Self-discovery a big part of fierce defender's footy journey

SOME people find friendships in footy, others discover a love for the game.

For draft hopeful Shantel Miskin-Ripia, footy has helped her find her culture. 

She's moved around a bit in her 18 years, having started her football journey as one of Broome Saints' first female juniors (along with her sister), before spending time in Perth and Cairns. She now calls Darwin home.

Along the way, she's been involved in both the AFL's Kickstart and Woomeras programs for young indigenous players. 

"My mother's Torres Strait, and my dad's Maori, so he's from New Zealand. I wasn't raised in any of those cultures at all," Miskin-Ripia said. 

"Throughout (her time in AFL programs), they asked us what we knew about our culture and at first, I didn’t know anything at all. I asked my mum and dad, so I started to get to know it a bit better and how important it was for me individually.

"I wouldn't have asked those questions otherwise. There are so many indigenous players I look up to and when they talk about their culture, I'd ask myself 'What's mine?'

"They had a reason for playing, they wanted to represent their family, and that was what I wanted to do so I wanted to learn my culture. I definitely look up to (Adelaide's) Stevie-Lee Thompson, I played with her in the VFLW (for NT Thunder) and she spoke about her culture and being Maori as well." 

Stevie-Lee Thompson of the Crows celebrates a goal during the 2019 AFLW Grand Final match between the Adelaide Crows and Carlton.

Miskin-Ripia is fiercely proud of being a defender, relishing the responsibility that comes with anchoring the backline as fullback, as she did for the Central Allies in July's NAB AFLW Under-18 championships.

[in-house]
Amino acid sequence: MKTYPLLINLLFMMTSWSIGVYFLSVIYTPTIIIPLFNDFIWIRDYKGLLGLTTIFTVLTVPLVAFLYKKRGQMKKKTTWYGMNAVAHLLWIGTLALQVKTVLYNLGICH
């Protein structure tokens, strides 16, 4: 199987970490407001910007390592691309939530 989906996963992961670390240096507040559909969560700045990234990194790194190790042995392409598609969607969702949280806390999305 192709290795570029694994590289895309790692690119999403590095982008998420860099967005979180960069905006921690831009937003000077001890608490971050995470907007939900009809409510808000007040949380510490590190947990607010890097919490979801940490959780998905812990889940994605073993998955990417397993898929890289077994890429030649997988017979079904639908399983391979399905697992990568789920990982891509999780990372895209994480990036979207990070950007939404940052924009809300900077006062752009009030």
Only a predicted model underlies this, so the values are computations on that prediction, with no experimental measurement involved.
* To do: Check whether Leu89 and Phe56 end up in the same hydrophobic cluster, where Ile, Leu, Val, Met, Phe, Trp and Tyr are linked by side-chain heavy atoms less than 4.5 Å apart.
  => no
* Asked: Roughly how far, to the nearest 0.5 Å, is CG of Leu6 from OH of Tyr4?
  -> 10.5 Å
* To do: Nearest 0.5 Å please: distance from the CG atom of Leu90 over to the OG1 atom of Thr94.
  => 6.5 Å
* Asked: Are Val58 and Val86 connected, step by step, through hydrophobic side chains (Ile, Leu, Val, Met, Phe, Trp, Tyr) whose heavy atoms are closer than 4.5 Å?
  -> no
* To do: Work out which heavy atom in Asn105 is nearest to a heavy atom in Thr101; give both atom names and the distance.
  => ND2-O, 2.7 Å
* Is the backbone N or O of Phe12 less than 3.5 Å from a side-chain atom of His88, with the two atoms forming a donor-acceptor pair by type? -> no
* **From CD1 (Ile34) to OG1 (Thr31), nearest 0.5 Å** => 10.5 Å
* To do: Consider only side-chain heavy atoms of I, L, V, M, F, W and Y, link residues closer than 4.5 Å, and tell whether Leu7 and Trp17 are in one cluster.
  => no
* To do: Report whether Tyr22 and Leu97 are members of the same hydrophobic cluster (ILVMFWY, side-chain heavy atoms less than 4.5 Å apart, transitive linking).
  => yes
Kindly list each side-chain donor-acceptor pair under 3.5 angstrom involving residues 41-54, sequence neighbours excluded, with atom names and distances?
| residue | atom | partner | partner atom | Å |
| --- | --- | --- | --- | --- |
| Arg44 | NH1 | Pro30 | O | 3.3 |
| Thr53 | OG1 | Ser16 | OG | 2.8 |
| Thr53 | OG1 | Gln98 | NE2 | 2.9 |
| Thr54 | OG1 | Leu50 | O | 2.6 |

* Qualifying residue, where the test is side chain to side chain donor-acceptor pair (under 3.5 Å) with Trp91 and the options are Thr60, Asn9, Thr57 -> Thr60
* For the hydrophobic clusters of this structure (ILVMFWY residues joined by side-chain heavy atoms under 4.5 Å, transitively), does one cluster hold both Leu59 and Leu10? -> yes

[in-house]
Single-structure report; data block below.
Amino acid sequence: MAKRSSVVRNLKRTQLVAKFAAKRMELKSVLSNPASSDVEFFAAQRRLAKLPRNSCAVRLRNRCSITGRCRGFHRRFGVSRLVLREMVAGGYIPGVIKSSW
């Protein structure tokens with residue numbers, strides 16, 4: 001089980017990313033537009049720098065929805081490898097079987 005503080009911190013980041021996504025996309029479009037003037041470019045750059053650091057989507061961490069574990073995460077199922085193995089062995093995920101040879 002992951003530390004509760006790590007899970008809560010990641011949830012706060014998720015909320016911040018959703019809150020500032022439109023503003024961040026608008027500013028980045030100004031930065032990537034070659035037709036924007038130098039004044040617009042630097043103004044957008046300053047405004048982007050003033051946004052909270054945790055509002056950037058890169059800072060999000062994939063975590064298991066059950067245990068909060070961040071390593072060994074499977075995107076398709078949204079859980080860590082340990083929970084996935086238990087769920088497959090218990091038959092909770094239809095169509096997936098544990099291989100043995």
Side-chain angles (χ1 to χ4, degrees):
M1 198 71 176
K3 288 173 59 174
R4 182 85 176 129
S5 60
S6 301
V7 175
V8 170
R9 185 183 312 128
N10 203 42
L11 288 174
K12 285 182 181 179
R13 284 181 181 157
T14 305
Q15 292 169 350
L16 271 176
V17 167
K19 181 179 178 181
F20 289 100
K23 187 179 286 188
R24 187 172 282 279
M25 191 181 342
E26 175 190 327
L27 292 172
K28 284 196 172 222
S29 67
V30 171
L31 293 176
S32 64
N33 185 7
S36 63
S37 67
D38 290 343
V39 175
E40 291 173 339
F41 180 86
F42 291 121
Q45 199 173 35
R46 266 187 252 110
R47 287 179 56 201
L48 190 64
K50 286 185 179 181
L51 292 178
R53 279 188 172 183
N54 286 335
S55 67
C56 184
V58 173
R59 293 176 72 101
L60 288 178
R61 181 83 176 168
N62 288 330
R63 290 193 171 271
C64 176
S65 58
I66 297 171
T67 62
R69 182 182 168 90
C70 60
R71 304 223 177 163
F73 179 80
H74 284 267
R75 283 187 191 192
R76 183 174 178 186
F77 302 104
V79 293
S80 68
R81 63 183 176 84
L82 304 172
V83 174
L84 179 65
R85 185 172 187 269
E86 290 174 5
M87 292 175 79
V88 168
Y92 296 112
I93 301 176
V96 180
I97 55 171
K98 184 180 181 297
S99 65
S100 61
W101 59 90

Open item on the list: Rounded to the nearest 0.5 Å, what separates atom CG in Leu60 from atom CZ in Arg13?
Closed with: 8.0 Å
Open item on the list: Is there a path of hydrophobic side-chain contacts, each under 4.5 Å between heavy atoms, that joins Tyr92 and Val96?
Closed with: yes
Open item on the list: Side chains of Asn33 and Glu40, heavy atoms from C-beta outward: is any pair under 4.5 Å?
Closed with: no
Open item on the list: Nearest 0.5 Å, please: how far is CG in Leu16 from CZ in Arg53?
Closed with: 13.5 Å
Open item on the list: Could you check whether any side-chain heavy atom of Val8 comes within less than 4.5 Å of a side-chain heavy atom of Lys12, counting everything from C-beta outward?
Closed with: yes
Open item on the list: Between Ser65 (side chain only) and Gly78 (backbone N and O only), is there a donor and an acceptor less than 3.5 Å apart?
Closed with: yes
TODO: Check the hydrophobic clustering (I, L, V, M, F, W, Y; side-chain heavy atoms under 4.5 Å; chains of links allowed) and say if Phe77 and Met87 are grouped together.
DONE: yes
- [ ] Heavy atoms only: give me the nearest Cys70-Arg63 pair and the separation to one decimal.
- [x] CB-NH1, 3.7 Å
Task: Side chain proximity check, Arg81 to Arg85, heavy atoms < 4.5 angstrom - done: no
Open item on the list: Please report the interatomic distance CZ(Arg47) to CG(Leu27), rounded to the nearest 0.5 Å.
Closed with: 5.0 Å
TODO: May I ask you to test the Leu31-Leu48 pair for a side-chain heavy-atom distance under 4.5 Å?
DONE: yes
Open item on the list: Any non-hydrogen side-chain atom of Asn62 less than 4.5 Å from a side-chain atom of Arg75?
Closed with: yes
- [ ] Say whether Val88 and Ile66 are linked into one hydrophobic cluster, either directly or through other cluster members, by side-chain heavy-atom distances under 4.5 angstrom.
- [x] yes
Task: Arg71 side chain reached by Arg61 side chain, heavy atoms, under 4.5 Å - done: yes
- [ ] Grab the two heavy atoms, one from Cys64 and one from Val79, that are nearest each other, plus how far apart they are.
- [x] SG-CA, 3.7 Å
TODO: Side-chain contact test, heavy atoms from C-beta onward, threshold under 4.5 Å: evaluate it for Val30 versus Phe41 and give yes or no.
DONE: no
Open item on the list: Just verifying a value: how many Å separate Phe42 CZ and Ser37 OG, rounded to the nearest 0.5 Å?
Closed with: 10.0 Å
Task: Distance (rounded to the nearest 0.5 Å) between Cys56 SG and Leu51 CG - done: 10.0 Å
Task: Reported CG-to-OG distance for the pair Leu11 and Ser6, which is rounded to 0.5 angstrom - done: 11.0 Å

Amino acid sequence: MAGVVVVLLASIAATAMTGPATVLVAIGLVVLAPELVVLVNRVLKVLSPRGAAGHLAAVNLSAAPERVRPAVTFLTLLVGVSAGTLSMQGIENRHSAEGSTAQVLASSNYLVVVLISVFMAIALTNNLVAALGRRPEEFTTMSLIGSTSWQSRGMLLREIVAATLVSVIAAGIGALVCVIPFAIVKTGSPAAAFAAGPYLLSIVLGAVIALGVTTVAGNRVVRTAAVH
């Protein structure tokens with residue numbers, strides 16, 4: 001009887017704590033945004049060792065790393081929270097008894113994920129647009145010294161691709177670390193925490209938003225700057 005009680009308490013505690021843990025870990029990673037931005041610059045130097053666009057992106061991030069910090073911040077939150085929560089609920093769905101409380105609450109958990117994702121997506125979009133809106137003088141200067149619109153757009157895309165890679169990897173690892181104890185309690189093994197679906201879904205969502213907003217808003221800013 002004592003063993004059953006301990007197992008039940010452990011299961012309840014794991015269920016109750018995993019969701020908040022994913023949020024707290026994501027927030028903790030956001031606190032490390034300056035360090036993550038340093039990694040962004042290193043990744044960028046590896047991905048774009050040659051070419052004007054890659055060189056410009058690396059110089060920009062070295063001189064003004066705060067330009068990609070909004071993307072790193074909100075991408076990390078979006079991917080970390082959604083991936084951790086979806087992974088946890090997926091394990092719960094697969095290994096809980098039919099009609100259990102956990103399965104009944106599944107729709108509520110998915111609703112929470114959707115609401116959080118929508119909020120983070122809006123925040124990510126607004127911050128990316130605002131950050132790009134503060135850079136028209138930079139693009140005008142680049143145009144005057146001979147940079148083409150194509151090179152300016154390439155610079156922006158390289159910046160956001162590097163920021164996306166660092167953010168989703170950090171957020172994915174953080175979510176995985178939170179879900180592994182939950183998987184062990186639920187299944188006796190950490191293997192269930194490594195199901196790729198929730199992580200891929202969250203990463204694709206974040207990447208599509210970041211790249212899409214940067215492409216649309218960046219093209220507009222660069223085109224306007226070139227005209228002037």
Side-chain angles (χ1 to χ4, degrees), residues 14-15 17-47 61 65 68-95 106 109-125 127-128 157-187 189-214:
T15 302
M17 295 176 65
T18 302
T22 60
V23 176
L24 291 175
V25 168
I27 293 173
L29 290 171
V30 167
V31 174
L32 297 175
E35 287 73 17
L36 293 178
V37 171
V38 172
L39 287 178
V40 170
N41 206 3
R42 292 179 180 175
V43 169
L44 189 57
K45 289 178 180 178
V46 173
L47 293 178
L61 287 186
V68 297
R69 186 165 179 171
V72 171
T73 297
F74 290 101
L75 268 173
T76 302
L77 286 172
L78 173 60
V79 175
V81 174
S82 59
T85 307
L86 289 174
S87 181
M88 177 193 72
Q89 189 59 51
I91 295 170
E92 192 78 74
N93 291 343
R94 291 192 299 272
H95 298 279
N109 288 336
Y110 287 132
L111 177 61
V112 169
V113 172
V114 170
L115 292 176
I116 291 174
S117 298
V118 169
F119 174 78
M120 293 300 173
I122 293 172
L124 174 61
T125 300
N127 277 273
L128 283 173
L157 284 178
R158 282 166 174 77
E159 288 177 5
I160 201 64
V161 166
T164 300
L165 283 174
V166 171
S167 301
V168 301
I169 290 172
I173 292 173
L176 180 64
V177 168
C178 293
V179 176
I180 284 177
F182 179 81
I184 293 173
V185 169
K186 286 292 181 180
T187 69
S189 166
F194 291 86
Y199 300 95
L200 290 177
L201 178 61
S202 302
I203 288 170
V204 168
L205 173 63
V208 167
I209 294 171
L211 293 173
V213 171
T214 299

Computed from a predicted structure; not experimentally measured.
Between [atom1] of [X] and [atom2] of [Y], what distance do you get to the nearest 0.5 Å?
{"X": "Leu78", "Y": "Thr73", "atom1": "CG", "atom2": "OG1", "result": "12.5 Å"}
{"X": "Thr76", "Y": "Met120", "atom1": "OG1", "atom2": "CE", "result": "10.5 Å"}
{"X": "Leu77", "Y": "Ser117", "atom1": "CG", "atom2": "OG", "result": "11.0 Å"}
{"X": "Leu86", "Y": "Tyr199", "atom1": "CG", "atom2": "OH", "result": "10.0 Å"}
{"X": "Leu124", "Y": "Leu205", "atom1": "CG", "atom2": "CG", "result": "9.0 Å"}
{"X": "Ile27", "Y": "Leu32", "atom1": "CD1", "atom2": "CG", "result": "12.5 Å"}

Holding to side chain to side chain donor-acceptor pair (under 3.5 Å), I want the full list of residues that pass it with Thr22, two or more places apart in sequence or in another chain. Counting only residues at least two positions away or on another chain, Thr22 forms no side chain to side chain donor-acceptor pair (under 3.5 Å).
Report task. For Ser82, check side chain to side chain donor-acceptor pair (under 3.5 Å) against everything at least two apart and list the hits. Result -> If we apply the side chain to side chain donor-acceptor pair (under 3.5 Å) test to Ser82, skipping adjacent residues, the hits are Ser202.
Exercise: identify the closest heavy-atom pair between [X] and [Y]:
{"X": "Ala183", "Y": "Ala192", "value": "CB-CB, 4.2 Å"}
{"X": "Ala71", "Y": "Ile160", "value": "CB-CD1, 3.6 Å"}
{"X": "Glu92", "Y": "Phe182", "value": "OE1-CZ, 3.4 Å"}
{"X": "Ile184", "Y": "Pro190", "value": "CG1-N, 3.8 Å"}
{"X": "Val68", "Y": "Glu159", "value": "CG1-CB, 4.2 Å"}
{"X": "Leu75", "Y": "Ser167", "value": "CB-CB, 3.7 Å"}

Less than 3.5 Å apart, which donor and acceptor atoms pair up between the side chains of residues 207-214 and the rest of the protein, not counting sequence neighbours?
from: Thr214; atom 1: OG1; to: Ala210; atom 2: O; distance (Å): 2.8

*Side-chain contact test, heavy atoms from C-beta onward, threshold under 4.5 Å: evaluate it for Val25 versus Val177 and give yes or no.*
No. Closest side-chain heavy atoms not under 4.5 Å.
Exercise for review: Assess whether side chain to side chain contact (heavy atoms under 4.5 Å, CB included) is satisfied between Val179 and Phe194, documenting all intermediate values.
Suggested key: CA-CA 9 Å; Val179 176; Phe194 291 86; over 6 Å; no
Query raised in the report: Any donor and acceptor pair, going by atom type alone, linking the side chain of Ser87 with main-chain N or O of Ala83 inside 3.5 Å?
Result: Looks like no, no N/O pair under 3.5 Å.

"I love the pressure. You can read the ball, tackle a lot, rebound. If a goal does go behind you, you bring the team in, have a chat, go out and do better. I love that," she said.

"I'm the one who's always yelling, so I love that role, looking after the structure. When you lay the perfect tackle, it's so good. The crowd and the girls get around you and you feel so pumped, the energy gets to you."

While she now plays for Nightcliff in the NTFLW – and sports a bright, white helmet after three head knocks in one year – Miskin-Ripia began playing at 10.

Shantal Miskin-Ripia in action for the Central Allies in her eye-catching white helmet

"My sister and I were the first girls to play for Broome Saints. It was good, but it was kind of embarrassing at first, people thought we just wanted to play for attention, but then my sister and I really got into it.

"The boys trusted us, as well, so we built our skills with them and went from there."

Miskin-Ripia is a game development officer with AFLNT, working to deliver footy programs to kids. The amount of football in her life can become somewhat draining, but she wouldn't have it any other way.

"If I ever do get drafted, I feel like I could give back to those who have provided for me, like my father," she said. 

"It's got me out of trouble, football, provided so many opportunities. Not only that, there have been so many people who I've lost who really believed in me playing this sport.

"I've really pushed hard, so that's why I love it. It makes people smile."